Homeschooled With MIT Courses At 5, Accepted To MIT At 15

"After acquiring his entire elementary and secondary education from OpenCourseWare and MITx, Ahaan Rungta joined the MIT Class of 2019 at age 15."

Gamma Ray Bursts

"A Crash Course On The Most Violent Events In The Universe"

Mammogram-Reading Pigeons

"Can mammogram-reading pigeons help train human radiologists? An animal behaviorist weighs in."  (Note: The images in the video are pathology slides, not mammography images. Via Doug M.)
Armed with a touchscreen-outfitted training chamber and 16 pigeons, scientists set out to see if birds could identify malignant and benign tissue in medical images with their beady little eyes. They trained pigeons to peck at a monitor after being presented with images from mammograms. When pigeons correctly pecked a touchscreen button that corresponded with the category of the image being shown, they were given food...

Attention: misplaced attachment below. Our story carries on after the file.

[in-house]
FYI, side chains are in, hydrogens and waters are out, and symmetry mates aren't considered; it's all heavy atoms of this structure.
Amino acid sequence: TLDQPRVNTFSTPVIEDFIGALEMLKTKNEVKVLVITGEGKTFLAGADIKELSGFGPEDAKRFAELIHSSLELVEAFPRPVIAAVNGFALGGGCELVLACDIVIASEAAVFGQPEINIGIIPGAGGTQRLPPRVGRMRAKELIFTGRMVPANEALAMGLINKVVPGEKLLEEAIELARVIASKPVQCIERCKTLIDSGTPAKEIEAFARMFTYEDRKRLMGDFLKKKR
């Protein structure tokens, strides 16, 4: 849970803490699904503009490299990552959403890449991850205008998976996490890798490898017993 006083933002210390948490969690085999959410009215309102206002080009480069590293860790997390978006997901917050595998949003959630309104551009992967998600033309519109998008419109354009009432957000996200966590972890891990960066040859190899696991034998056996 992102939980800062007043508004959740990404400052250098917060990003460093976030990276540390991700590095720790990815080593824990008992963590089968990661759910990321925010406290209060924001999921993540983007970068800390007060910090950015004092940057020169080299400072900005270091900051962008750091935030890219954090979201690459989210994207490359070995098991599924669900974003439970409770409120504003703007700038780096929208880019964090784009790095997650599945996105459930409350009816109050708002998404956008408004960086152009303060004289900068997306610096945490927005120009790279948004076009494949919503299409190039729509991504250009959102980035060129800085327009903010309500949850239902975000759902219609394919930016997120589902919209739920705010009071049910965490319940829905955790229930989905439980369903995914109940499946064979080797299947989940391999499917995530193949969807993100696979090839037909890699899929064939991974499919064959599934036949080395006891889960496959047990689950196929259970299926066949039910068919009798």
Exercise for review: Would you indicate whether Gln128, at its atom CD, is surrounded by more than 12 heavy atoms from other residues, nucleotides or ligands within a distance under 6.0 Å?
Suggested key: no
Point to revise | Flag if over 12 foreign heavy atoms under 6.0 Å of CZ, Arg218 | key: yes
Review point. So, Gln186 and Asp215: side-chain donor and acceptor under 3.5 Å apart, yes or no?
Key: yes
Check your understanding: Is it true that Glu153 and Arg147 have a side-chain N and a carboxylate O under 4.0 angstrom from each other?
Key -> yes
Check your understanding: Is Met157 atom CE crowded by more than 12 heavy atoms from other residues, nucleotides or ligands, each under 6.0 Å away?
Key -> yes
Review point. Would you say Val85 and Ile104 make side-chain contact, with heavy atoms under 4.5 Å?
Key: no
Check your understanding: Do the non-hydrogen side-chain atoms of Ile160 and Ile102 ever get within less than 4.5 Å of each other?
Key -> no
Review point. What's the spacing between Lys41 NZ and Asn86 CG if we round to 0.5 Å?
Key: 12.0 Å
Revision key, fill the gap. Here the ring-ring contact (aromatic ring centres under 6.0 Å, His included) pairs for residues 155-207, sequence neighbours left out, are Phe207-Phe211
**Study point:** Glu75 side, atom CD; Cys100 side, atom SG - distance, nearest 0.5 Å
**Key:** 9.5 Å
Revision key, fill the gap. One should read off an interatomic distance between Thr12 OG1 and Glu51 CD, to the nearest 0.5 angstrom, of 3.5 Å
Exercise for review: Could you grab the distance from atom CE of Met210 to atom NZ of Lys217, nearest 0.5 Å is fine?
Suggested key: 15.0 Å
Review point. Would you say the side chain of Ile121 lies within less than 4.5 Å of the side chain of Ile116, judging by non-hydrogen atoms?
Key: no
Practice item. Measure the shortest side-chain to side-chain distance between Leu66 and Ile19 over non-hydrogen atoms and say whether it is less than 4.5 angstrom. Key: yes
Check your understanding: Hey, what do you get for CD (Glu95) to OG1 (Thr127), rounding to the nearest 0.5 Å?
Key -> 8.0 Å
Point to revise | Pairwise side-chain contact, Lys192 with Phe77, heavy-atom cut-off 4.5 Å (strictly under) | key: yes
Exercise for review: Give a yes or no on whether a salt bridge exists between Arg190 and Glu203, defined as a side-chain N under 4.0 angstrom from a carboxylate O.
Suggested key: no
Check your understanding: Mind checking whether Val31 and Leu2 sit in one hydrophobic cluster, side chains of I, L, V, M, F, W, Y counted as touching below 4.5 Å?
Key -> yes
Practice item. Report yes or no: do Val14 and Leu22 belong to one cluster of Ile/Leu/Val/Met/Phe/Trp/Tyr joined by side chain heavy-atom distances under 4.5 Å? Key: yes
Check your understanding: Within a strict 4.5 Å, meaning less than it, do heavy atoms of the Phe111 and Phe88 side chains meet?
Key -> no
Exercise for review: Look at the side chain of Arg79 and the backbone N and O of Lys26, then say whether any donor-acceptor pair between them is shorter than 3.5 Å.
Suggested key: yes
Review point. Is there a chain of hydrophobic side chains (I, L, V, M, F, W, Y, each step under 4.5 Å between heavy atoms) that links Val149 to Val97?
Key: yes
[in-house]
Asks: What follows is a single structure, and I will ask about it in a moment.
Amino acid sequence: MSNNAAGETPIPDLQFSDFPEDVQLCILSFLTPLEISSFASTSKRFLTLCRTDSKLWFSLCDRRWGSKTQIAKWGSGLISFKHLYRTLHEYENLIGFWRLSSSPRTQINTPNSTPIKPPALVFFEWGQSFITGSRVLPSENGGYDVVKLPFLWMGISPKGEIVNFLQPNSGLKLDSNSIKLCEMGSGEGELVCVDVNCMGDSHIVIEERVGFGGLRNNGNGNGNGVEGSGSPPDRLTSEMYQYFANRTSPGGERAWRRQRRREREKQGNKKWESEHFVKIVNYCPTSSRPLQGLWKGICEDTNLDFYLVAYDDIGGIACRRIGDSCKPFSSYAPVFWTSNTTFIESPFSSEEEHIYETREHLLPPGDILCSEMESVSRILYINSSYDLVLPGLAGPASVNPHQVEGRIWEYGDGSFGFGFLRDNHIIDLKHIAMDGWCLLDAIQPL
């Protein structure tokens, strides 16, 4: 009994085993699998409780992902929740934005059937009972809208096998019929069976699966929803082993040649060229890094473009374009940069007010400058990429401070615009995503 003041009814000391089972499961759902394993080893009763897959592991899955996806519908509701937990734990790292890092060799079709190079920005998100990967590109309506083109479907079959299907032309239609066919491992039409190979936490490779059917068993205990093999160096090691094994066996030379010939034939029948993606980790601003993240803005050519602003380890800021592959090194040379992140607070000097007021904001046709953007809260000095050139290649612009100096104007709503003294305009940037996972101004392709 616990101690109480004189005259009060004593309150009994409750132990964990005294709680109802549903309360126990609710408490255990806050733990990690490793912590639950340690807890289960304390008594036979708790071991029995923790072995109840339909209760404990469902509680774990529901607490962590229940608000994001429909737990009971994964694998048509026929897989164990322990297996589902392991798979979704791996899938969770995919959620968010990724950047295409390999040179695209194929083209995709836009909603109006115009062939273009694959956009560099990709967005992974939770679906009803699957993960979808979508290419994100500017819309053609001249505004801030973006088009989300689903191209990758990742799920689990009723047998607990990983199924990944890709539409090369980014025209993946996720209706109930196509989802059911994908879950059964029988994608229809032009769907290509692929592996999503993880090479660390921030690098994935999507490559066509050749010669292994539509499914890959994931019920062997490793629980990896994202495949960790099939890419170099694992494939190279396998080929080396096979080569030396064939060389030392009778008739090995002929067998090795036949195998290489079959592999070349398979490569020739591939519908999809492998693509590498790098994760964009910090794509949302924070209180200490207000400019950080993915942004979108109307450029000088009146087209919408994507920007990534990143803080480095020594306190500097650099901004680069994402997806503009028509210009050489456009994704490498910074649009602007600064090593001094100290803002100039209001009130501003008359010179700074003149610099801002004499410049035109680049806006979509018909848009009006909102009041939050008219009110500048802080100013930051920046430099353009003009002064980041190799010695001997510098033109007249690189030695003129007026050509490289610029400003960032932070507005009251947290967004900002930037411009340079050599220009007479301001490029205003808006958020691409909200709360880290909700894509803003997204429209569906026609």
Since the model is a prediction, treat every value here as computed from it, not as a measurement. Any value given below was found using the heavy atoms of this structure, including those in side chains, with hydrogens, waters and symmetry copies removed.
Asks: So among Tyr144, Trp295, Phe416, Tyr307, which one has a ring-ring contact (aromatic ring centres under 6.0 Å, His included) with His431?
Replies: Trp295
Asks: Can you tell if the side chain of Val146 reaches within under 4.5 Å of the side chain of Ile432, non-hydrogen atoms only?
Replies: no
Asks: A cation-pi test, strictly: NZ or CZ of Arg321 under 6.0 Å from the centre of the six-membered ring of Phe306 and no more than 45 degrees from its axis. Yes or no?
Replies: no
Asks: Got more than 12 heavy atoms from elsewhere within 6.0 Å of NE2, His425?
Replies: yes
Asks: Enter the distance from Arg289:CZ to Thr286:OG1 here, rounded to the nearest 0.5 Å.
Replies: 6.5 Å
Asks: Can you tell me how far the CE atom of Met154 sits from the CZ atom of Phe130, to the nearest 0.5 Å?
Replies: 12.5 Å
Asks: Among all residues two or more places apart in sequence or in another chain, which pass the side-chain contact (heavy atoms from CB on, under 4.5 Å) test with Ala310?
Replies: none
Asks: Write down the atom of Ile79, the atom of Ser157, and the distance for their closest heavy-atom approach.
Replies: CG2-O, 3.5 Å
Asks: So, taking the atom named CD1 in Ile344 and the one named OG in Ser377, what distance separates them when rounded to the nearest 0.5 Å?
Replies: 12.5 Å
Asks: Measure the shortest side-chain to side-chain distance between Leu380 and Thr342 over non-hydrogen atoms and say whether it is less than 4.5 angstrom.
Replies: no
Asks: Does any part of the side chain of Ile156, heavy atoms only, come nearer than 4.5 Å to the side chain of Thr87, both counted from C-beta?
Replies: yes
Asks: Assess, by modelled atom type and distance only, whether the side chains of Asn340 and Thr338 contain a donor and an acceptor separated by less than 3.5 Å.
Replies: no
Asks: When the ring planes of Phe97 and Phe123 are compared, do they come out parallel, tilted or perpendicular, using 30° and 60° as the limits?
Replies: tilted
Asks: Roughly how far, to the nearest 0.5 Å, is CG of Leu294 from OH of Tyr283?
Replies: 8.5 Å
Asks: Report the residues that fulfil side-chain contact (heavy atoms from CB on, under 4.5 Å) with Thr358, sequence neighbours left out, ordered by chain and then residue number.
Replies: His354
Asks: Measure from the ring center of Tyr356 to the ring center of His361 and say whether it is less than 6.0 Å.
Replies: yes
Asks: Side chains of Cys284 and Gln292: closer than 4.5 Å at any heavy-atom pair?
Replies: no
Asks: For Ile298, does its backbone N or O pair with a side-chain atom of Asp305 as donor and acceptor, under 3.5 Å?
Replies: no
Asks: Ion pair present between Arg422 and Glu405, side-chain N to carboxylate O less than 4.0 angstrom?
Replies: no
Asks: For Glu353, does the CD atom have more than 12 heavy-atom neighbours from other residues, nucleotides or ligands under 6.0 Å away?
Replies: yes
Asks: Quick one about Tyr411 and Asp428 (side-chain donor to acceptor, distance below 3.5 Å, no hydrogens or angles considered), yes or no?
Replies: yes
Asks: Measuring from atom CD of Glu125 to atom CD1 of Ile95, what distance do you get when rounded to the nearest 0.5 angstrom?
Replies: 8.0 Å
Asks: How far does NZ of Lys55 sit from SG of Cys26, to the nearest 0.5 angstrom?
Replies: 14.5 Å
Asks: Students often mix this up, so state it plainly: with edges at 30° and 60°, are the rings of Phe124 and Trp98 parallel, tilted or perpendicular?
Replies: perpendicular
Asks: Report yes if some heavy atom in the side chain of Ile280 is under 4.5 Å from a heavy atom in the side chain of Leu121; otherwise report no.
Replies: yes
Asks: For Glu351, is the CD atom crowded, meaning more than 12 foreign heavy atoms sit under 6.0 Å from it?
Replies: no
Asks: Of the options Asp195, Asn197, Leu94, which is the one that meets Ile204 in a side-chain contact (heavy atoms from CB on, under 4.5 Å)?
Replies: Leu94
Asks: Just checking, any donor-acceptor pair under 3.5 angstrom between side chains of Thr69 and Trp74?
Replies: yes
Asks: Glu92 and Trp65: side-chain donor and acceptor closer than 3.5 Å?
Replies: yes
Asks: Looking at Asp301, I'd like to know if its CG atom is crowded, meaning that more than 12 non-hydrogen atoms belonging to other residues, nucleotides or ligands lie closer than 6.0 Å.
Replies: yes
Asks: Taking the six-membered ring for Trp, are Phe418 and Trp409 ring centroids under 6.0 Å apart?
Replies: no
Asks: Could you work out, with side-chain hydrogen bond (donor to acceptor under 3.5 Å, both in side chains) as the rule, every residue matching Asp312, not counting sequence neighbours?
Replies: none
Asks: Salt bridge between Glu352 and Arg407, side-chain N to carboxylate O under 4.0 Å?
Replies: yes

Alternate Cuban Missile Crisis

"What if the Cuban missile crisis had gone badly?"

Wednesday, November 18, 2015

English Is Not Normal

John McWhorter: "No, English isn’t uniquely vibrant or mighty or adaptable. But it really is weirder than pretty much every other language". (Via J.W.)


"The Strangely Successful History of People Mailing Themselves in Boxes"

UK Vs. American Profanity

BBC: "Why do Brits and Americans swear so differently?"

From the article:
A commenter named Brian D on Ben Yagoda’s blog, Not One-Off Britishisms, told the story of a group of British engineers from his company, sent to work at Wang Labs in Massachusetts. They were asked to attend a meeting to recognize an employee for outstanding achievement:

“It was announced from the stage that this person was a King in the company and so would be presented with the Wang King award. The entire British contingent had to leave the room in hysterics.” 

Free Military SF Anthology